Vaping on the NHS? Don't hold your breath
Cut red tape to revive stalling e-cig revolution, medics tell MPs
Experts told Parliament that a post-Brexit Britain should think about axing the most draconian EU-wide e-cigarette regulations to encourage people to quit smoking tobacco.
The Science and Technology Select Committee heard oral evidence yesterday that the Tobacco Products Directive (TPD2) ban on promoting e-cigs, and its restrictions on liquid strength and product capacity, all put the public at risk. Weak e-liquids meant fewer switchers were likely to stick with e-cigs, and led to vapers consuming more liquid – neither of which was desirable.
The background to the inquiry was twofold: the looming opportunity to remove the daftest elements of TPD2 – and the arrival of "Heat-not-burn" (HNB) products. Current e-cigarette products vaporise a liquid containing nicotine. HNB products (as the description suggests) allow tobacco (or other "materials" of your choice) to be heated and inhaled with far fewer toxic chemicals than a conventional cigarette.
Leading nicotine researcher Dr Lynne Dawkins of the Centre for Addictive Behaviours Research had done tests showing that vapers compensated for lower-concentration liquids by using more. 70 per cent of vapers just cranked up the power.
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Dawkins said of the TPD2 restrictions: "There is no rationale for that cap – it seems arbitrary to me. There's no evidence for increased harms of nicotine for levels above 20mg/ml. In light of research by our group, if you reduce the strength you compensate – that's costly financially, and comes with a health cost."
Many people don't want high-power, high-vapour products that hardcore vapers love, she told MPs, they want something discreet, the size of a fountain pen. But it's inconvenient when you need to keep topping these up with liquids all the time.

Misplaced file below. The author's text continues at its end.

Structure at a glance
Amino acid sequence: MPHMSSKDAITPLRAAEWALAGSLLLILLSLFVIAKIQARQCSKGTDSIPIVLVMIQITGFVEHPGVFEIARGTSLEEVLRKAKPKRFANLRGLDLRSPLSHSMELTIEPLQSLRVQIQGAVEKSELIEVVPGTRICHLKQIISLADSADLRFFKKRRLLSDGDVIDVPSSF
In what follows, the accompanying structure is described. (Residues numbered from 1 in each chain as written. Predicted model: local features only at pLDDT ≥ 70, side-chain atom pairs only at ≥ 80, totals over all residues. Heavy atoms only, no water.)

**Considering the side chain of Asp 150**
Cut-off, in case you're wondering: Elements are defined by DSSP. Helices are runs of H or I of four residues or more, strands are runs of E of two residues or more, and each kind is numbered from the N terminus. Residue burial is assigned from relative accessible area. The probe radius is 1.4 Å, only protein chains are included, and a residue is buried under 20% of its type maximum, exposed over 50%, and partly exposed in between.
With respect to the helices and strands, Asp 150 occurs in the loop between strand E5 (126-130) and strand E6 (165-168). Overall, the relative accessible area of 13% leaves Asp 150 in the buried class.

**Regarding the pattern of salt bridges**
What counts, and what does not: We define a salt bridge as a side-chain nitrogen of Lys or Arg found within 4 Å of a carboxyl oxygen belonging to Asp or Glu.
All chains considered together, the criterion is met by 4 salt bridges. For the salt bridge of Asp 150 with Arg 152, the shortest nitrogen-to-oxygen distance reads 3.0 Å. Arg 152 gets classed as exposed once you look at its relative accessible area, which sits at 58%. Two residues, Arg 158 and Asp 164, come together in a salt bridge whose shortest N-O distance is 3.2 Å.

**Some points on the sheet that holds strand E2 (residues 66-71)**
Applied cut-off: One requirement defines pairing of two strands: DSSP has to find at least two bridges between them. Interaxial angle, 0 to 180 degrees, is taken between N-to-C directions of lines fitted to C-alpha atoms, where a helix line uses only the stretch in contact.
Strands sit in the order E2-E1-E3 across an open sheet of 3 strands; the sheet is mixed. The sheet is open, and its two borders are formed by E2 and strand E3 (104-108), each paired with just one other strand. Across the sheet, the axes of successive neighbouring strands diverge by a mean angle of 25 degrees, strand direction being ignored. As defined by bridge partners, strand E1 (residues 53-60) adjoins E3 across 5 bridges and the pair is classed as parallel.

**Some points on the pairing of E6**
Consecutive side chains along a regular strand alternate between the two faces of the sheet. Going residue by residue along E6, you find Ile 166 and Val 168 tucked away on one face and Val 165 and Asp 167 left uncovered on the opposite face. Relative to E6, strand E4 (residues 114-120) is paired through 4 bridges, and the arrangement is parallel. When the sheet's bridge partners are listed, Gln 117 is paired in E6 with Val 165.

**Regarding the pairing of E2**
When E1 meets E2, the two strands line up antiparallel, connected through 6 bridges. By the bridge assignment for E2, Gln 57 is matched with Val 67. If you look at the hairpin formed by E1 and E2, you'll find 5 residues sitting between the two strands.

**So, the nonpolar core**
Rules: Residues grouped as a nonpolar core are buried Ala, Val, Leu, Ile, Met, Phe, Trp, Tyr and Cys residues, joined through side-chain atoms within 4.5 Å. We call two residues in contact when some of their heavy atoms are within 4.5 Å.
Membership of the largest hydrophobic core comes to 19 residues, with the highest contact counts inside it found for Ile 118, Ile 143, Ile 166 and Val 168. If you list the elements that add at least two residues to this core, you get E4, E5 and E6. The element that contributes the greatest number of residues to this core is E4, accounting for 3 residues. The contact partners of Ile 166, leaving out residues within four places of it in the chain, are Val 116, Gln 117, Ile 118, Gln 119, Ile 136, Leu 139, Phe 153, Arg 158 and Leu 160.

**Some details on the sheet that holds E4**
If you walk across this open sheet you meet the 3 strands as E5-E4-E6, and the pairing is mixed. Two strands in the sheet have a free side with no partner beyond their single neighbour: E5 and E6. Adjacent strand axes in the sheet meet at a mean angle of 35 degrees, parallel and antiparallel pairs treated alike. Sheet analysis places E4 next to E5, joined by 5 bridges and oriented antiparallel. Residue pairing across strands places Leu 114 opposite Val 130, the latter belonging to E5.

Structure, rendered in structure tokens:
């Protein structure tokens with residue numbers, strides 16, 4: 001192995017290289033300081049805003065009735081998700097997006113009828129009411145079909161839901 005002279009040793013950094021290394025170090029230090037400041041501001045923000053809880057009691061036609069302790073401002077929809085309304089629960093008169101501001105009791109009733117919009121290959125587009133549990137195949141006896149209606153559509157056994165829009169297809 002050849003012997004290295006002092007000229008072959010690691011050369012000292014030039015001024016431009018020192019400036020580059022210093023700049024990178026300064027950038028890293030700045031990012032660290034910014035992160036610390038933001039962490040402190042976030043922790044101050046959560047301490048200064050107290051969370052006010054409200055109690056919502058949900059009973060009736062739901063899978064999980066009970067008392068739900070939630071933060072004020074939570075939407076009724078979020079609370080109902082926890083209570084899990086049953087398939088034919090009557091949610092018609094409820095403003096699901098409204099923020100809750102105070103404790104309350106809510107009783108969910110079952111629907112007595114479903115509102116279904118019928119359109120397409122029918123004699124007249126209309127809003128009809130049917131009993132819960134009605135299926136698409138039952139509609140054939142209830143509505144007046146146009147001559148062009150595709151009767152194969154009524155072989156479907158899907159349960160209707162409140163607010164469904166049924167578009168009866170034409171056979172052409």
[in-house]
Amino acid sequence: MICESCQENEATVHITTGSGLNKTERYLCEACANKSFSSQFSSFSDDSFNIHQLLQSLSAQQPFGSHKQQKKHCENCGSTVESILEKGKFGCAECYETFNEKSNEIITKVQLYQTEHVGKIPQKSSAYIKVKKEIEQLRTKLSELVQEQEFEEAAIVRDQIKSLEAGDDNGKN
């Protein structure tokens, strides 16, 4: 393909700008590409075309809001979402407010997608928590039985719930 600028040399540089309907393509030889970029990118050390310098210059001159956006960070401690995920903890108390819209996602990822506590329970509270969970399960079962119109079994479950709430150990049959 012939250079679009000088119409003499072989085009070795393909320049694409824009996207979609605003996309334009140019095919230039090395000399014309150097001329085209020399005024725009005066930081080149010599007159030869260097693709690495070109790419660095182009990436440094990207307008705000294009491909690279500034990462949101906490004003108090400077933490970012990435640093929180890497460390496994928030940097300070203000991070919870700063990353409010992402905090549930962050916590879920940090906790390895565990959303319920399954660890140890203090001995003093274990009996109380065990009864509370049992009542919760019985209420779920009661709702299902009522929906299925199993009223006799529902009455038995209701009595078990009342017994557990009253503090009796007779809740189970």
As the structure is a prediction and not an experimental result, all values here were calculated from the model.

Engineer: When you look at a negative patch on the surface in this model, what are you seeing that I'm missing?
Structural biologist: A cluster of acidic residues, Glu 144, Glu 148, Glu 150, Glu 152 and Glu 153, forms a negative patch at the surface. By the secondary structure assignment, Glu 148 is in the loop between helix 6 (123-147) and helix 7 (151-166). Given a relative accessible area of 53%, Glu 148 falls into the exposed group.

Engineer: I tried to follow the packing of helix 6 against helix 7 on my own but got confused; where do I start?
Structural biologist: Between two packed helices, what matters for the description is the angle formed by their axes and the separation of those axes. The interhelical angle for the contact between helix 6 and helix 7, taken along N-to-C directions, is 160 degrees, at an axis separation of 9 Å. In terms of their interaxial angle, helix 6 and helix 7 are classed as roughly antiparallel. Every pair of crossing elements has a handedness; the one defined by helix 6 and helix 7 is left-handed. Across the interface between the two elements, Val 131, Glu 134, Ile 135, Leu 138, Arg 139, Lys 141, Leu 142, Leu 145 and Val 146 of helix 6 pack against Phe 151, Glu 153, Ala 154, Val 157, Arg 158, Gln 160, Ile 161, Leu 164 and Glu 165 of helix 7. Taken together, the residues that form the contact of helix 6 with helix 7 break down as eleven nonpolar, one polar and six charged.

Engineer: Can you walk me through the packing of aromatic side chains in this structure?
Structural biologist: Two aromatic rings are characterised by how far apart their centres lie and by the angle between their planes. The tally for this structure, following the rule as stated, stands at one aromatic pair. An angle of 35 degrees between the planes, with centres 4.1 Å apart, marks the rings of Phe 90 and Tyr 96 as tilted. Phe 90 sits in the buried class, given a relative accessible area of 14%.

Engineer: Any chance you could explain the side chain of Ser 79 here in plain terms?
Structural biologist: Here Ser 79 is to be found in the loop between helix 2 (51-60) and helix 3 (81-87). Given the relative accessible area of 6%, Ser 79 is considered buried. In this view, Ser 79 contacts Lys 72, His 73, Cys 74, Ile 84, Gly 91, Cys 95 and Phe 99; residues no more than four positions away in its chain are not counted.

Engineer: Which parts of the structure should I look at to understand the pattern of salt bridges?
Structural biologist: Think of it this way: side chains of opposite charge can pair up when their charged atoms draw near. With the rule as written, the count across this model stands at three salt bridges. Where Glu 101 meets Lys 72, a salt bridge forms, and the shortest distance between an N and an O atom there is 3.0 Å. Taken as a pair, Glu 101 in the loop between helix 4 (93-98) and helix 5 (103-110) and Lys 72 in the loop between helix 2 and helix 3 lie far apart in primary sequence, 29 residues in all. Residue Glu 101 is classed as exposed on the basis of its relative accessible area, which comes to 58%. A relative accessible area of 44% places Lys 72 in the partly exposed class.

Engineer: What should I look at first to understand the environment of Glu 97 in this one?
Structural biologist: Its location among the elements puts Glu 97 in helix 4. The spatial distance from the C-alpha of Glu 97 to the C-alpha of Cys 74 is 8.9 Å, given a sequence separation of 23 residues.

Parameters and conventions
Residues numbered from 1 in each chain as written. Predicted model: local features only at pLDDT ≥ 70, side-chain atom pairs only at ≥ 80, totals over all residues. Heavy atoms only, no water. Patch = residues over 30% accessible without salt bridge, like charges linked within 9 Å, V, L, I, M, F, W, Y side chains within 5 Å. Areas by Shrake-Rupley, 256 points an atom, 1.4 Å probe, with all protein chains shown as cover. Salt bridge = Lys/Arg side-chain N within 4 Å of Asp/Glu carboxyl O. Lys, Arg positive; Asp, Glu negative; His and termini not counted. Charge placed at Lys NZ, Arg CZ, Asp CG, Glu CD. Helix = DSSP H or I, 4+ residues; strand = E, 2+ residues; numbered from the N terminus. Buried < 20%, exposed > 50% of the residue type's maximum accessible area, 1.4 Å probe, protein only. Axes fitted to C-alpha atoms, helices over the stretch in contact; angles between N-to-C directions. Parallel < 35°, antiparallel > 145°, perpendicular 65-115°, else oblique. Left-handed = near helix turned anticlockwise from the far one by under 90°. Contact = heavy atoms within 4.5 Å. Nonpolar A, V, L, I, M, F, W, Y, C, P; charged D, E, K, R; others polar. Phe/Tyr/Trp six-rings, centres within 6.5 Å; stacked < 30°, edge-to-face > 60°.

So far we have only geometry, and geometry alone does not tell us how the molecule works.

Another example MPs heard of TPD2 causing harm was the ban on promoting e-cigarettes. This was cited by tobacco company rep Dr Moira Gilchrist, vice president, scientific and public communications at Philip Morris. The company wasn't allowed to slip a paper insert into a cigarette packet promoting an alternative to smoking.
HNBs are the next public health battleground for prohibitionists and industry. Traditional cigarettes heat tobacco at around 600°C to 900°C while HNBs heat the tobacco to 30-350°C, which manufacturers claim is much safer than smoking.
The MPs heard from Philip Morris and British American Tobacco, which have invested heavily in HNB products. Not surprisingly, they wanted to see them regulated lightly, and promoted as smoking alternatives.
"Tobacco is a carcinogen whether or not you burn it," Professor David Harrison said. Harrison is professor of pathology at St Andrews University and chair of the government's advisory Committee on Carcinogenicity of Chemicals in Food, Consumer Products and the Environment. "Heat-not-burn products show a 90-95 per cent fall in cancer-causing chemicals. Some disappeared, some fell by half." He complained about a "dearth" of decent research, though.